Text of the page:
We’d like to tip our hats to the Swarthmore Phoenix editorial board. In this morning’s paper, the editors called out Student Council for its crack-down on open press at weekly meetings. StuCo issued a February 26 report that says student journalists will no longer be able to freely report on what representatives discuss. Instead, writers must rely on StuCo’s own summary report or schedule a separate meeting with individual StuCo representatives. The Phoenix complains:
The language in the report is enough to make anyone who values transparency cringe. But just so there is no doubt about the implications of StuCo’s new policy, let us be clear as to what this means. Meetings by StuCo, an organization whose mission, according to its constitution, is ‘to serve, represent, and protect the interests of the students of Swarthmore College,’ can no longer be reported on by members of the press.’…It does not take a political theorist to understand why such a decision is troublesome.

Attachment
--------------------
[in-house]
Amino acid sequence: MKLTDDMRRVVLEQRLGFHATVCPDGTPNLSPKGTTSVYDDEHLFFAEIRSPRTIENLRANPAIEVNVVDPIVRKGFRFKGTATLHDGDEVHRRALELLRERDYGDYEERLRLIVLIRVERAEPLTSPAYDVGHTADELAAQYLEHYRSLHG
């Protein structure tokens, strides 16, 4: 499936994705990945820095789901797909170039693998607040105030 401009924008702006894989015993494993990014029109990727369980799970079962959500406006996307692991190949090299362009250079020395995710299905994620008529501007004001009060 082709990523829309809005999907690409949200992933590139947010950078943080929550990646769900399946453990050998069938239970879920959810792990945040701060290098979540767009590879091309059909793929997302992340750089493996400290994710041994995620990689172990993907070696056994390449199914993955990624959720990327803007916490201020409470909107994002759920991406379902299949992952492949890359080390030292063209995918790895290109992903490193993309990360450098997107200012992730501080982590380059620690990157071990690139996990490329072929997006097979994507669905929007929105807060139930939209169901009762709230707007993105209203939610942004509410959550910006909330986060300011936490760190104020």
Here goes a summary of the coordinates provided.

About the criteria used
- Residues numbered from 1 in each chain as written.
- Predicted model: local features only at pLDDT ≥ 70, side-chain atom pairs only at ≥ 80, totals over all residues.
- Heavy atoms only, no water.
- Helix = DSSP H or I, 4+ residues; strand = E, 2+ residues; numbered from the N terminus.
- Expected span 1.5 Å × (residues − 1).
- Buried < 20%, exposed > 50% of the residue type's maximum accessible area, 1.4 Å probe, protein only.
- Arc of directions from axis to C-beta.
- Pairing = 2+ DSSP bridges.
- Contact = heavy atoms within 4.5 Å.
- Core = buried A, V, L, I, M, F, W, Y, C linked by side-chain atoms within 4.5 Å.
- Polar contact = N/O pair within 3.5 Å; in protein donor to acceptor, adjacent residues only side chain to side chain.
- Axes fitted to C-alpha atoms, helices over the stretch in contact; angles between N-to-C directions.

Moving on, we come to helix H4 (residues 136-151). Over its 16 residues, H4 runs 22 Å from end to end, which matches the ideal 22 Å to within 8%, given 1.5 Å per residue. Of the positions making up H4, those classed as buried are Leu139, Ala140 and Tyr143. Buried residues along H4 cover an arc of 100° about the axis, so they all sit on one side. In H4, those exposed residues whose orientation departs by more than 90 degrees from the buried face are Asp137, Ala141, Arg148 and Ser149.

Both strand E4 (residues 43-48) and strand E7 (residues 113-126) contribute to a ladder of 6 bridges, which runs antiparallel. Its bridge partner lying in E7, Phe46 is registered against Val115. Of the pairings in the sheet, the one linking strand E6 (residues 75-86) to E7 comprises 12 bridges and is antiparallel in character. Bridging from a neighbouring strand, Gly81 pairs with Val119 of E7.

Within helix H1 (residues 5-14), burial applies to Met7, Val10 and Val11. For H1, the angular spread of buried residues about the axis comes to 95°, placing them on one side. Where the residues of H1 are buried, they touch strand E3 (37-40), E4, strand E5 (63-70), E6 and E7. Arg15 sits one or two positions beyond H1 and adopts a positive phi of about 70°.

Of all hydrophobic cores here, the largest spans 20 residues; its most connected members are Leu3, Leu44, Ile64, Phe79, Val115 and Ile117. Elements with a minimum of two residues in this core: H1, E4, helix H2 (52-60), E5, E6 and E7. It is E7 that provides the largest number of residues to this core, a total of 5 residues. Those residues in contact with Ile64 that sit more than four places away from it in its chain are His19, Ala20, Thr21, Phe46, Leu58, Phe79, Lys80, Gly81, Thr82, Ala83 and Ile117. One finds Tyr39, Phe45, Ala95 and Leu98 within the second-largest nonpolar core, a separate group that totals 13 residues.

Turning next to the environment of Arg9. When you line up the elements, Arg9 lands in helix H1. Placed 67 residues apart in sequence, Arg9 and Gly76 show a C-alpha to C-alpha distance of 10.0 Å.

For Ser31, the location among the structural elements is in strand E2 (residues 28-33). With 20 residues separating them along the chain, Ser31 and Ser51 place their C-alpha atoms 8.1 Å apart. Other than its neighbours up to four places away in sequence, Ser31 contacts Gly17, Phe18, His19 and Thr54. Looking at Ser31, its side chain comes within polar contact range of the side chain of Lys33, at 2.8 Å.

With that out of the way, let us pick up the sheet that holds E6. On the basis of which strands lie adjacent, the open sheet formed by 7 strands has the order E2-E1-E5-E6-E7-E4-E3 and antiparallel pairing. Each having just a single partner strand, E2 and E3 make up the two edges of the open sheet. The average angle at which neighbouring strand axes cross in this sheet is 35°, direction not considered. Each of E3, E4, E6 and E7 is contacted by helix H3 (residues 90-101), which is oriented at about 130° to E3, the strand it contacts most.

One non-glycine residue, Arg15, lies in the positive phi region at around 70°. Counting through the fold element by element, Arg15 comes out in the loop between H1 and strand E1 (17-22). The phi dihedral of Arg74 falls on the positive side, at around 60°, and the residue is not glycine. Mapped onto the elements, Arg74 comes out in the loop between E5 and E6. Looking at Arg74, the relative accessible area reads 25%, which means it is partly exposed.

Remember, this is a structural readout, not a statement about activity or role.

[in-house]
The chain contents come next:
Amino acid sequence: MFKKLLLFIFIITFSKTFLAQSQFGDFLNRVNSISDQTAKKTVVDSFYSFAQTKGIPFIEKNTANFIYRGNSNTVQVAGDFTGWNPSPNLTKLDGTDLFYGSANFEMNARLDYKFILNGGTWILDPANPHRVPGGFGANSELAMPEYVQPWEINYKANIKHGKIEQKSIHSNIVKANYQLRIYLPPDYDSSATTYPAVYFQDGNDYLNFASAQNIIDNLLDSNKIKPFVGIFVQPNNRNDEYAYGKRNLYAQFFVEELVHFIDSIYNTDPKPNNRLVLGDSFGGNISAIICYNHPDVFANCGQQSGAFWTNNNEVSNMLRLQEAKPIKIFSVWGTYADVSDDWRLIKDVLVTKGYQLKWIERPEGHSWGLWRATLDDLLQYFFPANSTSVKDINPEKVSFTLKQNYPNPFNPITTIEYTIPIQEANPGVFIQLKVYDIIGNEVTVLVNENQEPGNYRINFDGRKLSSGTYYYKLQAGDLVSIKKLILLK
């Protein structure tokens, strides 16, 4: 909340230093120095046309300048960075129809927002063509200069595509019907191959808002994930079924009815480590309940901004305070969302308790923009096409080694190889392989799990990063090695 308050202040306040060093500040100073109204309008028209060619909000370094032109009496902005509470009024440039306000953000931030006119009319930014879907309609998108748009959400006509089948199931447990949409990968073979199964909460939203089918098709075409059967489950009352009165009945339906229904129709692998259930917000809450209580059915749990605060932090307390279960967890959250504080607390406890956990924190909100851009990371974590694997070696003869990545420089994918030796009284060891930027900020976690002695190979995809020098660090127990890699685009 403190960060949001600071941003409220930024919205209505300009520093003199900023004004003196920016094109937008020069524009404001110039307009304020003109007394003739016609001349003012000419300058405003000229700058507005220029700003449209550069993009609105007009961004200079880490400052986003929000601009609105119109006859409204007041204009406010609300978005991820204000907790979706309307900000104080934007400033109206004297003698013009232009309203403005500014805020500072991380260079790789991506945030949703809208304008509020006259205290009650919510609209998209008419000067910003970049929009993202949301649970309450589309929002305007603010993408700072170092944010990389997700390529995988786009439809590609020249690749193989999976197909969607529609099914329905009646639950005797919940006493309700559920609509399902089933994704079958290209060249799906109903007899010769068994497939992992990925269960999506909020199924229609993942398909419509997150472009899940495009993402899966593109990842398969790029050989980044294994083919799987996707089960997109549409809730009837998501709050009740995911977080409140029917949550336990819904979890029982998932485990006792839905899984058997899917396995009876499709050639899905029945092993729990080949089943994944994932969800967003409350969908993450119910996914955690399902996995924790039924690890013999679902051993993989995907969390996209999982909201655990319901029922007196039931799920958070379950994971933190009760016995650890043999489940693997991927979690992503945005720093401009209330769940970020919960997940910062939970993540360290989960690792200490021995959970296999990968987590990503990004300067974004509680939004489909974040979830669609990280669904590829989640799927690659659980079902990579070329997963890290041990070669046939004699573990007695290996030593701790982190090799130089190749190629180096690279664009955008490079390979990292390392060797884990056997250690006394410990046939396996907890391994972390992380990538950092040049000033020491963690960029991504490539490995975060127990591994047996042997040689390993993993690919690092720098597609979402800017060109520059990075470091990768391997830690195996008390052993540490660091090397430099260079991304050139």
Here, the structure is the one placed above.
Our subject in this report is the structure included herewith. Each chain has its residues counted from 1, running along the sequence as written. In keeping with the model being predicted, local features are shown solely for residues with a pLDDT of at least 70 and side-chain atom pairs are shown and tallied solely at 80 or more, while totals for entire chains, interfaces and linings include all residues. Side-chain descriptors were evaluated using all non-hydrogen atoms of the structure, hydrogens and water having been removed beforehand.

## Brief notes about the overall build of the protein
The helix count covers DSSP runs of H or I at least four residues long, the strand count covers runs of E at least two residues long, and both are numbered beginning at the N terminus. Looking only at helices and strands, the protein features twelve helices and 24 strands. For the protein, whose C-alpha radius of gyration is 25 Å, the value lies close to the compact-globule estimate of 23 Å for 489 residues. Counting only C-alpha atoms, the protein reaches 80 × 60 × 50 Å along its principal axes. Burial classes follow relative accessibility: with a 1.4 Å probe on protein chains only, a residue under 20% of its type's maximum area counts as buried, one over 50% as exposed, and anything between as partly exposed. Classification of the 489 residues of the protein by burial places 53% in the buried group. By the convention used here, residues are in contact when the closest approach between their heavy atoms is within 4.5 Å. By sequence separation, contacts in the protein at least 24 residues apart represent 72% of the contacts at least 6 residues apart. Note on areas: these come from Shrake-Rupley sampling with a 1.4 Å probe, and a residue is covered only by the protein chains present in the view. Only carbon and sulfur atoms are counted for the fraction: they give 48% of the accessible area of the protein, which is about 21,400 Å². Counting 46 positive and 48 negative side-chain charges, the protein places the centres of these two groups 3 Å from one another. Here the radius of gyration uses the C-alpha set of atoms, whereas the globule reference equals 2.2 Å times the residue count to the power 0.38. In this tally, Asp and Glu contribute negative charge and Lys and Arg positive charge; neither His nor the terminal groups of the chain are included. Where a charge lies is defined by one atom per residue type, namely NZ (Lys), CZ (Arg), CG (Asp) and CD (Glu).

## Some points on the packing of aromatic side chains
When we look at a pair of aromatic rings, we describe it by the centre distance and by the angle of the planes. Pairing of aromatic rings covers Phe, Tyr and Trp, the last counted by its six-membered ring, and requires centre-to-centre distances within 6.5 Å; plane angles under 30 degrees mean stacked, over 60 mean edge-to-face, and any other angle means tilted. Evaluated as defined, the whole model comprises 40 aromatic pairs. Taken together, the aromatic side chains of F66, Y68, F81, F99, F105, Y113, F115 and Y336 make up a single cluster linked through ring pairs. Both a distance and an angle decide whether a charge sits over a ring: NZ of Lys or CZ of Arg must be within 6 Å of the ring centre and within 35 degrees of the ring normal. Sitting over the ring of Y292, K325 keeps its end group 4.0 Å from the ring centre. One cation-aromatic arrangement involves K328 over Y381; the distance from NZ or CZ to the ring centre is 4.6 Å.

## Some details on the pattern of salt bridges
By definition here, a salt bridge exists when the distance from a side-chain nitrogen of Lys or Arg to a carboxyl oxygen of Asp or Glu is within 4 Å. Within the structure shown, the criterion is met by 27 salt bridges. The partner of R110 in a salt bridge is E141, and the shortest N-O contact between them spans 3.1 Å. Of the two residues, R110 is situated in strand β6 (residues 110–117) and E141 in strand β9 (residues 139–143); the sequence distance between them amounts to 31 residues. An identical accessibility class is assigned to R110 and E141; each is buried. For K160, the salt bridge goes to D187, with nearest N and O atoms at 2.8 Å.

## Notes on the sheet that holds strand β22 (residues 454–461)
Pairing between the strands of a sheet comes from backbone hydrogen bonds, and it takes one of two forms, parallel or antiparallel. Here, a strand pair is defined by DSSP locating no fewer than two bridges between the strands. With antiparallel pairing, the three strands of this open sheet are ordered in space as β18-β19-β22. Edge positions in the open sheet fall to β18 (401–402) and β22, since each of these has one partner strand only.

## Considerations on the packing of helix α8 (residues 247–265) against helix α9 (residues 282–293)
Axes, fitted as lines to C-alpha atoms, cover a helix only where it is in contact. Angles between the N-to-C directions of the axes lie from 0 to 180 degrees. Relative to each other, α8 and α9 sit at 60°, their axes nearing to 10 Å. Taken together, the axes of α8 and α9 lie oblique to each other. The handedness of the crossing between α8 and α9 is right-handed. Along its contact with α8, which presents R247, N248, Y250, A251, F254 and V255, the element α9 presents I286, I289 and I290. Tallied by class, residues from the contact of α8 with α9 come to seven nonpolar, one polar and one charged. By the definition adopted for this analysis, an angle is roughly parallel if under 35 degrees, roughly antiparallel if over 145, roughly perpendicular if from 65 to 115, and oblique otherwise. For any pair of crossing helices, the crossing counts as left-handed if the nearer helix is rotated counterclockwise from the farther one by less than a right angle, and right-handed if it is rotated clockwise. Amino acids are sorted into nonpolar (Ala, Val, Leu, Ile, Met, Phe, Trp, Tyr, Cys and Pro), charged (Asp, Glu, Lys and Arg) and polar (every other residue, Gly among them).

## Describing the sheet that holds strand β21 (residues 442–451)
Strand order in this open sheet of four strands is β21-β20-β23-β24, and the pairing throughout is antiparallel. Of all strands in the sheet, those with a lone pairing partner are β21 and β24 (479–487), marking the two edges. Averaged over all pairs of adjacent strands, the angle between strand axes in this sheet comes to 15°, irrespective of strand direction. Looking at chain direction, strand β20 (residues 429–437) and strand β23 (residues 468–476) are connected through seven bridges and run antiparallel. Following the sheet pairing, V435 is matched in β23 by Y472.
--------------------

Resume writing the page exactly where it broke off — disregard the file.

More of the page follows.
The Phoenix editors then opt for a bit of African trivia and compare our StuCo reps to autocrats:
Indeed, its tactics resemble those used by the world’s most authoritarian governments to curtail freedom of the press. In Eritrea, for example, one of Africa’s most notoriously repressive regimes, reporters are handed instructions by the government on how to cover events, a process eerily reminiscent of StuCo’s new protocol of providing reporters with summaries of what to cover.
It is certainly disturbing that Swarthmore students seeking transparency would attempt sidestepping the basic accountability of a free press. We urge StuCo to quickly reverse course. But we are proud that our friends at the Phoenix have come down on the side of free discourse. We encourage them to continue defending free speech rights for all students, and not just when its their reporters getting kicked out of Parrish parlor meetings.